In 1939, Ochsner and Debakey13 reported on pneumonectomies performed for lung cancer and proposed that smoking contributed to the development of malignancy, although the tobacco industry insisted that the published statistics were not conclusive.14 This dismissal of epidemiological evidence was a strategy used repeatedly by the tobacco industry to downplay the consequences of smoking.1,15 In the end, it was the accumulation of evidence from many sources, rather than a single report, that showed smoking to be an irrefutable cause of lung cancer.2,3
Regarding the relationship between tobacco and bone diseases, we have not progressed far beyond the level of evidence demonstrated by Ochsner and Debakey13 in 1939 for smoking and lung malignancy. The number of reports on the relationship between tibial fractures and smoking remains limited, with only 778 tibial fractures in smokers (between 1993 and 2015) included in the most recent meta-analysis on the subject.16 The incidence of tibial shaft fractures in the world has been reported to be between 16.9/100 000 and 50.1/100 000 per year.17,18 The number of smokers is currently estimated to be approximately one billion (i.e. at least 15% of the world population).19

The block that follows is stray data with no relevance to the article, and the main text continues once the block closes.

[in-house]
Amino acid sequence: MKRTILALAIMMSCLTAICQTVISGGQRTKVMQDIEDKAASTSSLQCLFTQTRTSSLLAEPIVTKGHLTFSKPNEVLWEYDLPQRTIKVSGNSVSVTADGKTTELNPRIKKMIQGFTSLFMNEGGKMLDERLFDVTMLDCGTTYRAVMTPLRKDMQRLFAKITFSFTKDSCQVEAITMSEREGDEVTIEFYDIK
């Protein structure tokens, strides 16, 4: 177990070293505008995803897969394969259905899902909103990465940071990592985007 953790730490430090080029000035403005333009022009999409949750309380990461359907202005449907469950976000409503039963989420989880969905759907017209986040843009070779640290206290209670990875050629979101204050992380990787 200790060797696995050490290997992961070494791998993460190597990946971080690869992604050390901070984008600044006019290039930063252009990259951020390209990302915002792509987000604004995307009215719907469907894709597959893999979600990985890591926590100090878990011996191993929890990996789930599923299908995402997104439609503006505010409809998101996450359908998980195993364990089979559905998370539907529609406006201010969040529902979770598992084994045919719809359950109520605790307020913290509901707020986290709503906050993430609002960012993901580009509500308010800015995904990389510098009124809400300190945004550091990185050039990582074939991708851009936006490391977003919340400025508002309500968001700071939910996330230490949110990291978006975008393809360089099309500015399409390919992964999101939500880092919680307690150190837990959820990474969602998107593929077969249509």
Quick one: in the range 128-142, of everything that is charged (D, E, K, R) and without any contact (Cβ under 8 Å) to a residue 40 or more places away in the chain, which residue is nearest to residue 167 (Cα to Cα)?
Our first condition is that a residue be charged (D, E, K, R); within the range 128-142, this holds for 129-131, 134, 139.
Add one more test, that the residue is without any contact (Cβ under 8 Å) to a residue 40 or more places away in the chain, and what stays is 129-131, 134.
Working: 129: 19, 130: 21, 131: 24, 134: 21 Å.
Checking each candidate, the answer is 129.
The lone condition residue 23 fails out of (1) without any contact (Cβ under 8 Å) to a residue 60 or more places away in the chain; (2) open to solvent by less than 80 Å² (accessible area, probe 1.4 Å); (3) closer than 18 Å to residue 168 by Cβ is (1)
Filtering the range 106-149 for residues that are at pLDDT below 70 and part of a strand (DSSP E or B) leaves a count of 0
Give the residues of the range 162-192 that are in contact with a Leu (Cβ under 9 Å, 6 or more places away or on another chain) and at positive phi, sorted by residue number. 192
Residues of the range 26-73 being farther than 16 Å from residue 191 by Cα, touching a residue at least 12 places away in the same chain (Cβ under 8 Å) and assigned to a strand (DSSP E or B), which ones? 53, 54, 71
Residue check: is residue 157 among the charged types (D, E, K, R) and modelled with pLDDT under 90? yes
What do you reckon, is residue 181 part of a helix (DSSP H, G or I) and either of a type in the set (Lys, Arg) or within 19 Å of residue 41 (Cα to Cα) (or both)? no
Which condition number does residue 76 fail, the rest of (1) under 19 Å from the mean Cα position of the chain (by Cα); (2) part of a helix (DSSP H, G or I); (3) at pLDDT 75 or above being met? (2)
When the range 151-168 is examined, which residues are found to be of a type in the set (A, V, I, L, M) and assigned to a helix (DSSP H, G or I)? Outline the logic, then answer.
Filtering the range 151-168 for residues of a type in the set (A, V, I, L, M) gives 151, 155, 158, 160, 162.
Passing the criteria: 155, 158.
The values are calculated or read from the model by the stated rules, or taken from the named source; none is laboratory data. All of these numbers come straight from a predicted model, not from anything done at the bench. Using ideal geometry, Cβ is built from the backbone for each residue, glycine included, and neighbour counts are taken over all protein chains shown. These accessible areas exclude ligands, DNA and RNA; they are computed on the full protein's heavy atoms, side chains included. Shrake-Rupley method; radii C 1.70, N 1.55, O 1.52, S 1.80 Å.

The aim of this study was to review the impact of smoking tobacco on the musculoskeletal system, and on bone fractures in particular.
Materials and Methods
Analysis and data synthesis
The search strategy was designed to examine the effects of smoking on bone. The studies involved epidemiological studies and clinical interventions, ranging from conservative treatment, such as cast immobilization, to surgical procedures. In addition, arms of clinical trials comparing different interventions that reported results separately for smokers and nonsmokers were included. The following inclusion criteria were applied: 1) publications written in the English language; 2) human and animal studies; and 3) studies categorizing subjects into at least two groups (smokers and nonsmokers). Articles were excluded if they were not available or were duplicated. Keywords were: “cigarette”, “nicotine”, “tobacco”, “bone”, “delayed union”, and “nonunions”. Three electronic databases were consulted by the lead author (JH): MEDLINE, The Cochrane Library, and SCOPUS.